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Trump rejects UN arms trade treaty approved by Obama

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Ibrahim Ramalan
Ibrahim Ramalan is a graduate of Mass Communications from the Ahmadu Bello University (ABU) Zaria. With nearly a decade-long, active journalism practice, Mr Ramalan has been able to rise from a cub reporter to the exalted position of an editor; first as Arts Editor with the Blueprint Newspapers before resigning in 2019; second and presently as an Associate Editor of the Daily Nigerian online newspaper. He can be reached via [email protected], or www.facebook.com/ibrahim.ramalana, or @McRamalan on Twitter.
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U.S. President Donald Trump has rejected a UN arms trade treaty that was approved by his predecessor Barack Obama and is currently waiting in the Senate for ratification.

“The UN will soon receive a formal notice that America is rejecting this treaty,” Trump said on Friday, addressing the National Rifle Association (NRA), a pro-gun group, denouncing the “badly misguided” agreement.

On stage in Indianapolis, Trump then signed a formal message to the Senate asking lawmakers to “discontinue the treaty ratification process.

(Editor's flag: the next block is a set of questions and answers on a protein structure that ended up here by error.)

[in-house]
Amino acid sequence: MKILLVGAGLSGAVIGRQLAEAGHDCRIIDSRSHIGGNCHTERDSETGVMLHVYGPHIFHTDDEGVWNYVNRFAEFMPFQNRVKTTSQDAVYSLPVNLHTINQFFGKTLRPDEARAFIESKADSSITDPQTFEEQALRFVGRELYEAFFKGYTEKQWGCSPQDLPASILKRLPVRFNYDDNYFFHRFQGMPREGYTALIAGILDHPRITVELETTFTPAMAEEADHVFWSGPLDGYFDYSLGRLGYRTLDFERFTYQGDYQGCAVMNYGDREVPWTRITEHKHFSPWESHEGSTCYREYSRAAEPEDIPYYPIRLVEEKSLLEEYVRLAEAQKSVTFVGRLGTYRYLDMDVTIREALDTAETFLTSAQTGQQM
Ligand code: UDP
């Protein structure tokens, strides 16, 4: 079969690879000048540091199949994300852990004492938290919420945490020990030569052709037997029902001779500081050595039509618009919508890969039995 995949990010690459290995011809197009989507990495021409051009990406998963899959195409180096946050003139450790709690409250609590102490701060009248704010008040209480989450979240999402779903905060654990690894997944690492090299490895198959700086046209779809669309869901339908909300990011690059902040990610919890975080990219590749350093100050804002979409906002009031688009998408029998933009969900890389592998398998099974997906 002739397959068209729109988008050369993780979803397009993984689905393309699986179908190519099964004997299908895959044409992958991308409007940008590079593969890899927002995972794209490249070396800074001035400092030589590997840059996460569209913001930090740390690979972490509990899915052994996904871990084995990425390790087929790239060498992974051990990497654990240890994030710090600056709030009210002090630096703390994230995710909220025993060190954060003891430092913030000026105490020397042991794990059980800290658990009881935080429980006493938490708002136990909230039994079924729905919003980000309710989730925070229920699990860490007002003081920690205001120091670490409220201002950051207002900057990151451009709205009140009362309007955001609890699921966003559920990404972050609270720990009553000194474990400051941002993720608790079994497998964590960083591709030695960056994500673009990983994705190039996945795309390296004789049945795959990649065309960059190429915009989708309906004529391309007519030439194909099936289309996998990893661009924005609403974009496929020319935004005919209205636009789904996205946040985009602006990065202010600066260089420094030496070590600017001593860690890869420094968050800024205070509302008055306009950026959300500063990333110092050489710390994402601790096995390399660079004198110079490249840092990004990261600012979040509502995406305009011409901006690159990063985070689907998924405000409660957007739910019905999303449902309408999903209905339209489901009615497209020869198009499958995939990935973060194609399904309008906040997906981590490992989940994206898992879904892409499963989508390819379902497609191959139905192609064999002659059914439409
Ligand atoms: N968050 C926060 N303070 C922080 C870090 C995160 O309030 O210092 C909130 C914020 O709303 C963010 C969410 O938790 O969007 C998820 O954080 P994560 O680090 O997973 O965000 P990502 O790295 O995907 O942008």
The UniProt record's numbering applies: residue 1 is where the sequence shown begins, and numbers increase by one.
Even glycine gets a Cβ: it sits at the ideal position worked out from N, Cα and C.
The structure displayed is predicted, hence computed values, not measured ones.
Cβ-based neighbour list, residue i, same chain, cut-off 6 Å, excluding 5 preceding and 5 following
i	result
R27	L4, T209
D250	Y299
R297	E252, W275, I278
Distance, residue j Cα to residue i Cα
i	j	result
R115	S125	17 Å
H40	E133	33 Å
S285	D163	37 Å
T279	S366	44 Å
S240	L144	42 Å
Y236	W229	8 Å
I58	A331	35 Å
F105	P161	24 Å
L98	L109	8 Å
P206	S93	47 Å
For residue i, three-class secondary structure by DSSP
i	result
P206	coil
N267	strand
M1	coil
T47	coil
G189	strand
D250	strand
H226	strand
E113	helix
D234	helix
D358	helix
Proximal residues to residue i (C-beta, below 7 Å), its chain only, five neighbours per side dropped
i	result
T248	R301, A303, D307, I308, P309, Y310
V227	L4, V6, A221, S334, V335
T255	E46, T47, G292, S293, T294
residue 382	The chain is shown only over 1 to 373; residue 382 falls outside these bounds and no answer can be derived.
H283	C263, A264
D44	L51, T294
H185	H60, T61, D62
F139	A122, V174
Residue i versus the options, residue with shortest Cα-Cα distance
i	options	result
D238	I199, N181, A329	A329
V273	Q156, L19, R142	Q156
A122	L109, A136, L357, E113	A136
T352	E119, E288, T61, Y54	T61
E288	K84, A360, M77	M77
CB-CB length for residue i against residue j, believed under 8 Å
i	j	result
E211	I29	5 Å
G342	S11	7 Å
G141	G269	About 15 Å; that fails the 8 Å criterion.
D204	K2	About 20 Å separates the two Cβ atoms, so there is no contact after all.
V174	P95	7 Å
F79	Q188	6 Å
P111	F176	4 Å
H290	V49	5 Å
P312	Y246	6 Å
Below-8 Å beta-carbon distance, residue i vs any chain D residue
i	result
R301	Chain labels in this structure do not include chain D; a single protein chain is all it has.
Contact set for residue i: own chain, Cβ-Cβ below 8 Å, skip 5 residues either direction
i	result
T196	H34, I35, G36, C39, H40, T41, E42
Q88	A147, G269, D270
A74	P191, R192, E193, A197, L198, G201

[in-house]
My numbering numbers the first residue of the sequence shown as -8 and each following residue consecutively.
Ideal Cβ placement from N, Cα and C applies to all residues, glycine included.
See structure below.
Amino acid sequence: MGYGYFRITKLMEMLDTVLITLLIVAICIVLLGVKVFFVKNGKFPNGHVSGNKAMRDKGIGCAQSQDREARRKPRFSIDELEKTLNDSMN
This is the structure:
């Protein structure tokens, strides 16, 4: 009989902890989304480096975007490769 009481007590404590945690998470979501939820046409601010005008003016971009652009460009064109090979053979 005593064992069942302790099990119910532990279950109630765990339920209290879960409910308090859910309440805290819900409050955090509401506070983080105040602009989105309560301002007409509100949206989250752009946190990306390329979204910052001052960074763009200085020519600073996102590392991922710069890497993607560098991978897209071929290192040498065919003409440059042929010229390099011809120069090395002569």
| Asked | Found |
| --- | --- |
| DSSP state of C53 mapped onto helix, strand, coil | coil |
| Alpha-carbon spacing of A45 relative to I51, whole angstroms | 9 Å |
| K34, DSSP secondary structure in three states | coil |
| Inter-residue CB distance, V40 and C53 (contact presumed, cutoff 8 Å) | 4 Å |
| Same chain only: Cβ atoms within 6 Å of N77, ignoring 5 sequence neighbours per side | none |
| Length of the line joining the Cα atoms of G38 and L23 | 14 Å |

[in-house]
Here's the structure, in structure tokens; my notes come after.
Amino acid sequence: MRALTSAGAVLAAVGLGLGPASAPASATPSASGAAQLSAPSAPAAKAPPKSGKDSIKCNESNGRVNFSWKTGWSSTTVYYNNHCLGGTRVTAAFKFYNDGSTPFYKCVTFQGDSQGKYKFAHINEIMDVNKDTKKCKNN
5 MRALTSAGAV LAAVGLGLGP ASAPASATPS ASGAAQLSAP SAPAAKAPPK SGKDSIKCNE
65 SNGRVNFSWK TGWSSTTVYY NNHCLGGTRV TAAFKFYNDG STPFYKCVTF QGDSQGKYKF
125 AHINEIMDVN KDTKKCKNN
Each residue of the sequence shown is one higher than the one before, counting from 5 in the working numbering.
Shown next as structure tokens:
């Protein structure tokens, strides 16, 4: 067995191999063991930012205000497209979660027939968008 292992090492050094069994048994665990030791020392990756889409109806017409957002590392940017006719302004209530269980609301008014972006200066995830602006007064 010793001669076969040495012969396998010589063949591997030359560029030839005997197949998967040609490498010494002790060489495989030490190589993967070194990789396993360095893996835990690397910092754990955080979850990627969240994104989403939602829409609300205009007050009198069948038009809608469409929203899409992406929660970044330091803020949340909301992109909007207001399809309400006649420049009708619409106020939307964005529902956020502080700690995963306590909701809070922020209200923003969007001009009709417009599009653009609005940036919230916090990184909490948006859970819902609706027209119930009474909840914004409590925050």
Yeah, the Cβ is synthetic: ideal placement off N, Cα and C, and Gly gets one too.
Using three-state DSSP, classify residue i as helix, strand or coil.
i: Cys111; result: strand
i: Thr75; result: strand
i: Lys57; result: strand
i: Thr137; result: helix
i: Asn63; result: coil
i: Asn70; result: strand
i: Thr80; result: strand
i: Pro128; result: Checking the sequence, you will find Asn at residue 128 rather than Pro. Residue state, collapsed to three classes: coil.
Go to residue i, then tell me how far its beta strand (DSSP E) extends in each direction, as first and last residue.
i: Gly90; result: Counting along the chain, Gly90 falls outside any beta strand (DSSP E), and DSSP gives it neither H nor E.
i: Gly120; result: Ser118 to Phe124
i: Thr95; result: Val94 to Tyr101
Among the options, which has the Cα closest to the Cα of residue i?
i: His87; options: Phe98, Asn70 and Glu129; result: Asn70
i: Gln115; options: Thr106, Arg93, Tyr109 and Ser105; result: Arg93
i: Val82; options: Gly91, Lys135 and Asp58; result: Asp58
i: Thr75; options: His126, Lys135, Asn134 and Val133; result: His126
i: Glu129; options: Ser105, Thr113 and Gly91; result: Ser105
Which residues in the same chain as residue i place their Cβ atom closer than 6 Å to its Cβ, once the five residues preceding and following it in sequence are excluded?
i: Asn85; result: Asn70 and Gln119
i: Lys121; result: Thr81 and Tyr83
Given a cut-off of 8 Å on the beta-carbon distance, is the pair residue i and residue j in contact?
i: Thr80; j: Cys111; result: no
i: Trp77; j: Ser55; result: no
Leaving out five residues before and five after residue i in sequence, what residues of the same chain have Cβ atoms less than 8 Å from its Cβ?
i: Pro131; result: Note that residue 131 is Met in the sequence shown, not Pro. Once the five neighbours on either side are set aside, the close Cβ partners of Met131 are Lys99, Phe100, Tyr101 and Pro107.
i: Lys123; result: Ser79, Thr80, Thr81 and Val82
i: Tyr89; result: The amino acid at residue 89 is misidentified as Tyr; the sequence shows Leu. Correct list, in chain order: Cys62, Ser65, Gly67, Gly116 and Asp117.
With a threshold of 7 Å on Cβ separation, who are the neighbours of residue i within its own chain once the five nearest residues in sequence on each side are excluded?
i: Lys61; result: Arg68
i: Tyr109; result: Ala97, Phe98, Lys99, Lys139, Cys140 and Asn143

“And to return the now rejected treaty right back to me in the Oval Office, where I will dispose of it,” he said to applause.

Trump signed the letter and then threw the pen to the crowd, which was chanting “U-S-A.”

““We are reaffirming that American liberty is sacred and that American citizens live by American laws, not the laws of foreign countries,” said Trump.

In the final weeks of his presidency, Obama had sent the treaty to the Senate, which must approve international treaties under the U.S. Constitution.

The Arms Trade Treaty regulates the international trade in conventional arms. According to the UN, 101 states joined the ATT. It entered into force in 2014.

Obama pledged it would not infringe on the U.S. constitutional right to gun ownership.

Trump also used his speech to hail U.S. states that have allowed trained teachers to carry guns in the classroom “to protect themselves and their students who they love.”

The U.S. has seen a spate of school shootings over the past two decades.

dpa/NAN

 

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